Linguistic and Cognitive Abilities in Children with Specific Language Impairment as Compared to Children with High-Functioning Autism

Jeannette Schaeffer

Research output: Contribution to journalArticlepeer-review

29 Scopus citations

Abstract

This study investigates the question as to whether and how the linguistic and other cognitive abilities of children with Specific Language Impairment (SLI) differ from those of children with High-Functioning Autism (HFA). To this end, 27 Dutch-speaking elementary-school-age children with SLI, 27 age-matched children with HFA, and a control group of 27 age-matched Typically Developing (TD) children were experimentally tested on various components of grammar, pragmatics, and nonverbal cognition. Prima facie, the results suggest a resemblance between SLI and HFA in their lower-than-TD performance on pragmatics. However, the children with SLI perform significantly weaker than the TD children on grammar and several cognition tests, while the children with HFA do not. It is concluded that, despite their initial resemblance in terms of pragmatics, children with SLI have profoundly different profiles from children with HFA in terms of grammar and nonverbal cognition and can thus not be considered as instantiations of the same continuum, as proposed by Bishop (2010).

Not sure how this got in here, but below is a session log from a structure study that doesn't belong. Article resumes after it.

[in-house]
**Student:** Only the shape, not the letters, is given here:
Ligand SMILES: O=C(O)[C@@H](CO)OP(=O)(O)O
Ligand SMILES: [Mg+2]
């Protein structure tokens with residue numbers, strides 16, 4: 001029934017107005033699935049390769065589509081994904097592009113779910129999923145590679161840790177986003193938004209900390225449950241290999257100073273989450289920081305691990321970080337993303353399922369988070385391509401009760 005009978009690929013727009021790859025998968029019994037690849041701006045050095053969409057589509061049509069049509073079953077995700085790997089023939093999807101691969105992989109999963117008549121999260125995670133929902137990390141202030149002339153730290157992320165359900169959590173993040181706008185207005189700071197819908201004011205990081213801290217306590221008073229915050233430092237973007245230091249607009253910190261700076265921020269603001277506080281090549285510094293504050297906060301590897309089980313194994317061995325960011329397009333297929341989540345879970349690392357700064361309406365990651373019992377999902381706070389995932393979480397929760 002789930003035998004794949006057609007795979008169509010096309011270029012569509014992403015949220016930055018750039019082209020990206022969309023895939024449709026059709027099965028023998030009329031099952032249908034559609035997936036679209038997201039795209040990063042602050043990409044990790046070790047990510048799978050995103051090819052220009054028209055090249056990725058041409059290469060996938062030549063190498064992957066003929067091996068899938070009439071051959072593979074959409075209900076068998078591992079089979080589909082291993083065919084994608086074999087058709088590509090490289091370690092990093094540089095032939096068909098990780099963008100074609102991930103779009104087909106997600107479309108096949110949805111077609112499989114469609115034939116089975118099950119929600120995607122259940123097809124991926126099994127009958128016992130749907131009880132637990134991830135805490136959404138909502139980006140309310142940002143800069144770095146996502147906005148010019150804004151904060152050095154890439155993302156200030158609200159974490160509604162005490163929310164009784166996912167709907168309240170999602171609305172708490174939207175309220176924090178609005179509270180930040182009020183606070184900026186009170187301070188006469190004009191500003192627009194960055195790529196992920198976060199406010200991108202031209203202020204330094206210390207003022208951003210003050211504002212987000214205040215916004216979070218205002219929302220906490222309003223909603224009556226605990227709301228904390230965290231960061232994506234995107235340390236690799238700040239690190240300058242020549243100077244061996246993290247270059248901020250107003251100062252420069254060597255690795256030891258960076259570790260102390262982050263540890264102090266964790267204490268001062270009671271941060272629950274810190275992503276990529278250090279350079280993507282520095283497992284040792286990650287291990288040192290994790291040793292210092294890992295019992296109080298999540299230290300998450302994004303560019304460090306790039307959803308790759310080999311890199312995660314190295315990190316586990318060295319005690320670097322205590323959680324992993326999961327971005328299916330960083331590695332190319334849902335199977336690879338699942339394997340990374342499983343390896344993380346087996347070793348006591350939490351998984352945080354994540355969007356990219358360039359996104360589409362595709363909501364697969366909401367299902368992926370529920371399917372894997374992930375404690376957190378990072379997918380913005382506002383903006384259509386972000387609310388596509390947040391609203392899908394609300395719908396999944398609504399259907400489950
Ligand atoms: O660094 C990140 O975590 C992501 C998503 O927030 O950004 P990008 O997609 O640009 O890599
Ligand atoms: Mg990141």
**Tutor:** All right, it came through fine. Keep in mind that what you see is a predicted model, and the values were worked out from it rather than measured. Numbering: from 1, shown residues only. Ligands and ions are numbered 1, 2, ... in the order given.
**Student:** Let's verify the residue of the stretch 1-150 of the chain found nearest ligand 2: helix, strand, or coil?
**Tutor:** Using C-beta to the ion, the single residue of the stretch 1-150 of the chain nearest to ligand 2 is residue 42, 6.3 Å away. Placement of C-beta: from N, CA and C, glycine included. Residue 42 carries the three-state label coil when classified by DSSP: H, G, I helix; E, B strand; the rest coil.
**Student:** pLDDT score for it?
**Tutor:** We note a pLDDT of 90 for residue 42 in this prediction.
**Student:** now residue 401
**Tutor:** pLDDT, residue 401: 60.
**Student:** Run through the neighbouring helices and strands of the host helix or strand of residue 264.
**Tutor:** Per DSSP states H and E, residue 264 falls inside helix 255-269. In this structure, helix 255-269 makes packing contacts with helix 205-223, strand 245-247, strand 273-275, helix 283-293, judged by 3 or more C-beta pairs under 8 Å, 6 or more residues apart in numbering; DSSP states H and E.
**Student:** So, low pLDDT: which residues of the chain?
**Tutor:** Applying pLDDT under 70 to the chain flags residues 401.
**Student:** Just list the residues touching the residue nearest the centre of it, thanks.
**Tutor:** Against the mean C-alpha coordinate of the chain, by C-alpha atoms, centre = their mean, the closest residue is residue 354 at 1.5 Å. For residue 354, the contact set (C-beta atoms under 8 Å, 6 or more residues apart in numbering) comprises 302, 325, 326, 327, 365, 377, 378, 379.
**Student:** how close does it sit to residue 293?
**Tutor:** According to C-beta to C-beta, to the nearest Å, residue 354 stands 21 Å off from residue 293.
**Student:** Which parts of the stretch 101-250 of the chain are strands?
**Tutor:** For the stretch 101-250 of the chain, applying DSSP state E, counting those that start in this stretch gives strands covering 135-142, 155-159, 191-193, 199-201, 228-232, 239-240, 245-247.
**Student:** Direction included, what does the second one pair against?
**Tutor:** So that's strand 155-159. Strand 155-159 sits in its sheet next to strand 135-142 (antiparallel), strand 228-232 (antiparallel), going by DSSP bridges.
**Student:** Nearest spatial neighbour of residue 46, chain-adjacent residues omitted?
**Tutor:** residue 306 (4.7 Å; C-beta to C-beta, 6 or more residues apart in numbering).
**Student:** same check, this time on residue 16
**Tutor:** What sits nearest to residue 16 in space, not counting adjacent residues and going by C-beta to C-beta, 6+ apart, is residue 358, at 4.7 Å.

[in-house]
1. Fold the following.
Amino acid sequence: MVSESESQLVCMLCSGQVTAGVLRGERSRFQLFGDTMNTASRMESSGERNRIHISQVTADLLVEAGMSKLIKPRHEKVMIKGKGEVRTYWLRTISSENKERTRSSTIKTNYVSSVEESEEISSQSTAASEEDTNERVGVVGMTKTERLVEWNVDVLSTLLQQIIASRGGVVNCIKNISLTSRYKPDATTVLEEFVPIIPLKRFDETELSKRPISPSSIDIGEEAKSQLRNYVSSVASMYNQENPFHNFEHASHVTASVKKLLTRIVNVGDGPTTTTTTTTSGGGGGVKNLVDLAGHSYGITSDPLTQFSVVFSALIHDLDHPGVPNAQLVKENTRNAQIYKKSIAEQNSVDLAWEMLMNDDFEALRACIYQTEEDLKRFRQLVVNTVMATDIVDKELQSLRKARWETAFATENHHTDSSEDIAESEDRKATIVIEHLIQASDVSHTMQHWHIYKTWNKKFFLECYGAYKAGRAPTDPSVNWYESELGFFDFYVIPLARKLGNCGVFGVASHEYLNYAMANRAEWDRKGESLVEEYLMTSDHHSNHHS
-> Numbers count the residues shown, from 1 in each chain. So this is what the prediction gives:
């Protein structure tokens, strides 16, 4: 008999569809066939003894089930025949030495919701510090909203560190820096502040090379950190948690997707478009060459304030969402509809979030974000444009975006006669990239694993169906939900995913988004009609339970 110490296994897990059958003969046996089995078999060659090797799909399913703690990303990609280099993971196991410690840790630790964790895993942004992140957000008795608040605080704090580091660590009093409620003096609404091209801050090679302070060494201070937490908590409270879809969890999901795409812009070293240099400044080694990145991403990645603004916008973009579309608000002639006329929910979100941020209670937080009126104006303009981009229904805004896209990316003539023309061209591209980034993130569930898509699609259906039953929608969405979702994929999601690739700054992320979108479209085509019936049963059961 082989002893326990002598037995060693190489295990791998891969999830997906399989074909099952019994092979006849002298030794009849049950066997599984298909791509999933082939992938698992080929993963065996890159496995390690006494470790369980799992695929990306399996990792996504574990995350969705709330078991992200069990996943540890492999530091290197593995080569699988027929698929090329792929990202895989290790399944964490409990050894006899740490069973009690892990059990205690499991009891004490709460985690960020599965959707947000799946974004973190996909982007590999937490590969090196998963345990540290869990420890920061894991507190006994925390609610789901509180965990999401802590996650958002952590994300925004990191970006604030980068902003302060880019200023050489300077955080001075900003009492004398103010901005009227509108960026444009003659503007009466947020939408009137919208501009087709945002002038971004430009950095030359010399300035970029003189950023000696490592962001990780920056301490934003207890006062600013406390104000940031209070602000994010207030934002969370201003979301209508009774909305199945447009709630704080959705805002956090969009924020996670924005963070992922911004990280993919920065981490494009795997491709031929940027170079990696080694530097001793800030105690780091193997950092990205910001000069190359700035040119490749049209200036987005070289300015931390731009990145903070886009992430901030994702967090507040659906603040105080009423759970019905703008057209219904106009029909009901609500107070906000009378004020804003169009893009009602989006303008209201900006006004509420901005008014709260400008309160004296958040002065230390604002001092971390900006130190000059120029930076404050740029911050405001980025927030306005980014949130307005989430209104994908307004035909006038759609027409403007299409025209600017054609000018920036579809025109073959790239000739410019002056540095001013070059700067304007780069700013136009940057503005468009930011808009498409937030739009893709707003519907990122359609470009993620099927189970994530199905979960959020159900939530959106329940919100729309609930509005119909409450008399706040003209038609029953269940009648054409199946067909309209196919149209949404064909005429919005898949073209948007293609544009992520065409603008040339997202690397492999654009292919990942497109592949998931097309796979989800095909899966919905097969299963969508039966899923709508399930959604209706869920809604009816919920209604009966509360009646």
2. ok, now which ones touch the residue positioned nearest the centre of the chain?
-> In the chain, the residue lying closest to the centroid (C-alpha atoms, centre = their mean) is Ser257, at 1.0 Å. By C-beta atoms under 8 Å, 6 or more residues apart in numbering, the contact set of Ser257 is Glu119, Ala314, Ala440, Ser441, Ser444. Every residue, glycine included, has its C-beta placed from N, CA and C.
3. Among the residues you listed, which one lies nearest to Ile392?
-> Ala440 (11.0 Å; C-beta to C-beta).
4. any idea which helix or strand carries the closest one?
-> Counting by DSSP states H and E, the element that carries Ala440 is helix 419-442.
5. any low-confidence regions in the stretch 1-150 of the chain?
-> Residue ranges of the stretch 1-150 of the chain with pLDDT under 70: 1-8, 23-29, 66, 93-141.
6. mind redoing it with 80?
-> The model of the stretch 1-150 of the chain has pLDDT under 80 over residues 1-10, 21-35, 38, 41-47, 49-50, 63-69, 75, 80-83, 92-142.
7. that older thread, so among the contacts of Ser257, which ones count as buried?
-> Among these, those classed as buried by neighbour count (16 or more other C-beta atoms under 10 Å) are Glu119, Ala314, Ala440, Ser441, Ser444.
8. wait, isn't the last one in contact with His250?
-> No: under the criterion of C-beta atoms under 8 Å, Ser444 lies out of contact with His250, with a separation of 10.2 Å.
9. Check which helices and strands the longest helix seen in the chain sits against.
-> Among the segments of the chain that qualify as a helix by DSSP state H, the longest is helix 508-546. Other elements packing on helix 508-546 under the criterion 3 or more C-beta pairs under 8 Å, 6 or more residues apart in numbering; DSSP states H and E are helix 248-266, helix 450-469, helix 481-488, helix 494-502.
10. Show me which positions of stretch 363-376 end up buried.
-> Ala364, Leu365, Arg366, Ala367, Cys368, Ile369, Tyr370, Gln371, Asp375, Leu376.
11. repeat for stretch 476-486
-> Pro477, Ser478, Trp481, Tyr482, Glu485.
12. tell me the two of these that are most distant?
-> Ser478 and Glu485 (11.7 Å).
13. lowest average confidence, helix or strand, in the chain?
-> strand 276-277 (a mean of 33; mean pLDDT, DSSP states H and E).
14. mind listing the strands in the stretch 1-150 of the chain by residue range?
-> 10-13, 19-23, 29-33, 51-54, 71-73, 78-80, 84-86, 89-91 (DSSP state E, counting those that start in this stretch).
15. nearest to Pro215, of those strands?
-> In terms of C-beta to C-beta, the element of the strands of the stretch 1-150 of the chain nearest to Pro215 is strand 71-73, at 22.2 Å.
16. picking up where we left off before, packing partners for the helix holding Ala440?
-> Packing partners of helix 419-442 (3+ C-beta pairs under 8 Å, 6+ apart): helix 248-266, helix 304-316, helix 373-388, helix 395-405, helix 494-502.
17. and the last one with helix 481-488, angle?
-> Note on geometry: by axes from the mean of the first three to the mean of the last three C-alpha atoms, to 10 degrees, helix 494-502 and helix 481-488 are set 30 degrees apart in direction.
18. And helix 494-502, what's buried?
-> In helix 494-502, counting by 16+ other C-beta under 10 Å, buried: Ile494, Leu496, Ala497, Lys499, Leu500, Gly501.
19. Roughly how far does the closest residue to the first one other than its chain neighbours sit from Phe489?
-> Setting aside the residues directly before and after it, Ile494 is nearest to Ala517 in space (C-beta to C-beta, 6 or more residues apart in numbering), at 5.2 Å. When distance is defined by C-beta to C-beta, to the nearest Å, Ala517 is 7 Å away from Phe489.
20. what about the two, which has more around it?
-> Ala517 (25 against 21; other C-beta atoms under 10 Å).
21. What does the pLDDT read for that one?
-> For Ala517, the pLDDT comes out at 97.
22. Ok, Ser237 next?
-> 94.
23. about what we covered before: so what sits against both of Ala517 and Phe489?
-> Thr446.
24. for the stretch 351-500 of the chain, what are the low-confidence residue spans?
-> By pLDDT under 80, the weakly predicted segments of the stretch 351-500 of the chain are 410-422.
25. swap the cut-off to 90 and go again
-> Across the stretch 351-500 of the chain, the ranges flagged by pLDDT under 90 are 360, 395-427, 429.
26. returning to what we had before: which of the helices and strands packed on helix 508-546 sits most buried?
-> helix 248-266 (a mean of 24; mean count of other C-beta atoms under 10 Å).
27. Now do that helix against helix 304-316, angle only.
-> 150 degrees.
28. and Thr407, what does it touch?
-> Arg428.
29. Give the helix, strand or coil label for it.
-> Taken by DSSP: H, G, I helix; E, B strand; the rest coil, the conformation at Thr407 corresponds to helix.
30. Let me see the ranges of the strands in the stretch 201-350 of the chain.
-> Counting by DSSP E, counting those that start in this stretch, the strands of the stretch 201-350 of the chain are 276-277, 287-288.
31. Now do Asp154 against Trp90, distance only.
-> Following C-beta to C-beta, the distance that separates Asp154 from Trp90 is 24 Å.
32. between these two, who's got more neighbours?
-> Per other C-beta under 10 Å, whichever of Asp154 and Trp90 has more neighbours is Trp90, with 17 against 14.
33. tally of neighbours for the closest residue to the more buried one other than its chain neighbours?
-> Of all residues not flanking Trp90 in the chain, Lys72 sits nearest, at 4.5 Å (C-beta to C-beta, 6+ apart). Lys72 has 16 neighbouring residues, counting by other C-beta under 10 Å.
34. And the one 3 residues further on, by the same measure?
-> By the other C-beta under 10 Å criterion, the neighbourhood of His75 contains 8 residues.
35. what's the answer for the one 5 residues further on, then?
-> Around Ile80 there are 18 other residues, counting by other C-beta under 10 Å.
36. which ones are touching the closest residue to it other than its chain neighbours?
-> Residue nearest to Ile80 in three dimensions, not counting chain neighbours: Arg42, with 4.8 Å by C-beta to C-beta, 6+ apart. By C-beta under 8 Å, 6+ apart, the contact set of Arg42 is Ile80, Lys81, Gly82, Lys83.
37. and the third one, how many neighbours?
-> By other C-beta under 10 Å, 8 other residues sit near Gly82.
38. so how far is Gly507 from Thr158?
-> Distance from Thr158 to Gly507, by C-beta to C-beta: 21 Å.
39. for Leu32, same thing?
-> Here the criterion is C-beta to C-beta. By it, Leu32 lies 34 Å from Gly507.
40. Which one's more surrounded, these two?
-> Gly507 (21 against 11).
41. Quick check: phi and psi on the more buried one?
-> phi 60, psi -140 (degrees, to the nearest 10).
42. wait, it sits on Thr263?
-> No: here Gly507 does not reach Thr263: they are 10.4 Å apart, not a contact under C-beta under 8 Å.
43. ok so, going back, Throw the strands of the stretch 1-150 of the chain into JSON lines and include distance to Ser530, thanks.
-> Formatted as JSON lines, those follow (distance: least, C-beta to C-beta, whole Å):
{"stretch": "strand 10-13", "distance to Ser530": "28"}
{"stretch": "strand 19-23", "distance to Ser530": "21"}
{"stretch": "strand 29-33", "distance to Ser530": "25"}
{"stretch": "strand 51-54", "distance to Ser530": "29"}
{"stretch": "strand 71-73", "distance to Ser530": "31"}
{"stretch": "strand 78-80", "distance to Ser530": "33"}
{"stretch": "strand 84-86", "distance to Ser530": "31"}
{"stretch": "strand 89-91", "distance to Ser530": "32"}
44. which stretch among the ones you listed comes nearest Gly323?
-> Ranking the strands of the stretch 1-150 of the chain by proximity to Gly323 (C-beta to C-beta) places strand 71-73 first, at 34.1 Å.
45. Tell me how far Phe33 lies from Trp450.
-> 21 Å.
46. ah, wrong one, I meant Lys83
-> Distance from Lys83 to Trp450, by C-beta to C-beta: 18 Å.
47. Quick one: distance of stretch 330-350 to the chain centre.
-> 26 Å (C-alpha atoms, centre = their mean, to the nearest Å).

Original languageEnglish
Pages (from-to)5-23
Number of pages19
JournalLanguage Acquisition
Volume25
Issue number1
DOIs
StatePublished - 2 Jan 2018
Externally publishedYes

ASJC Scopus subject areas

  • Language and Linguistics
  • Education
  • Linguistics and Language

Fingerprint

Dive into the research topics of 'Linguistic and Cognitive Abilities in Children with Specific Language Impairment as Compared to Children with High-Functioning Autism'. Together they form a unique fingerprint.

Cite this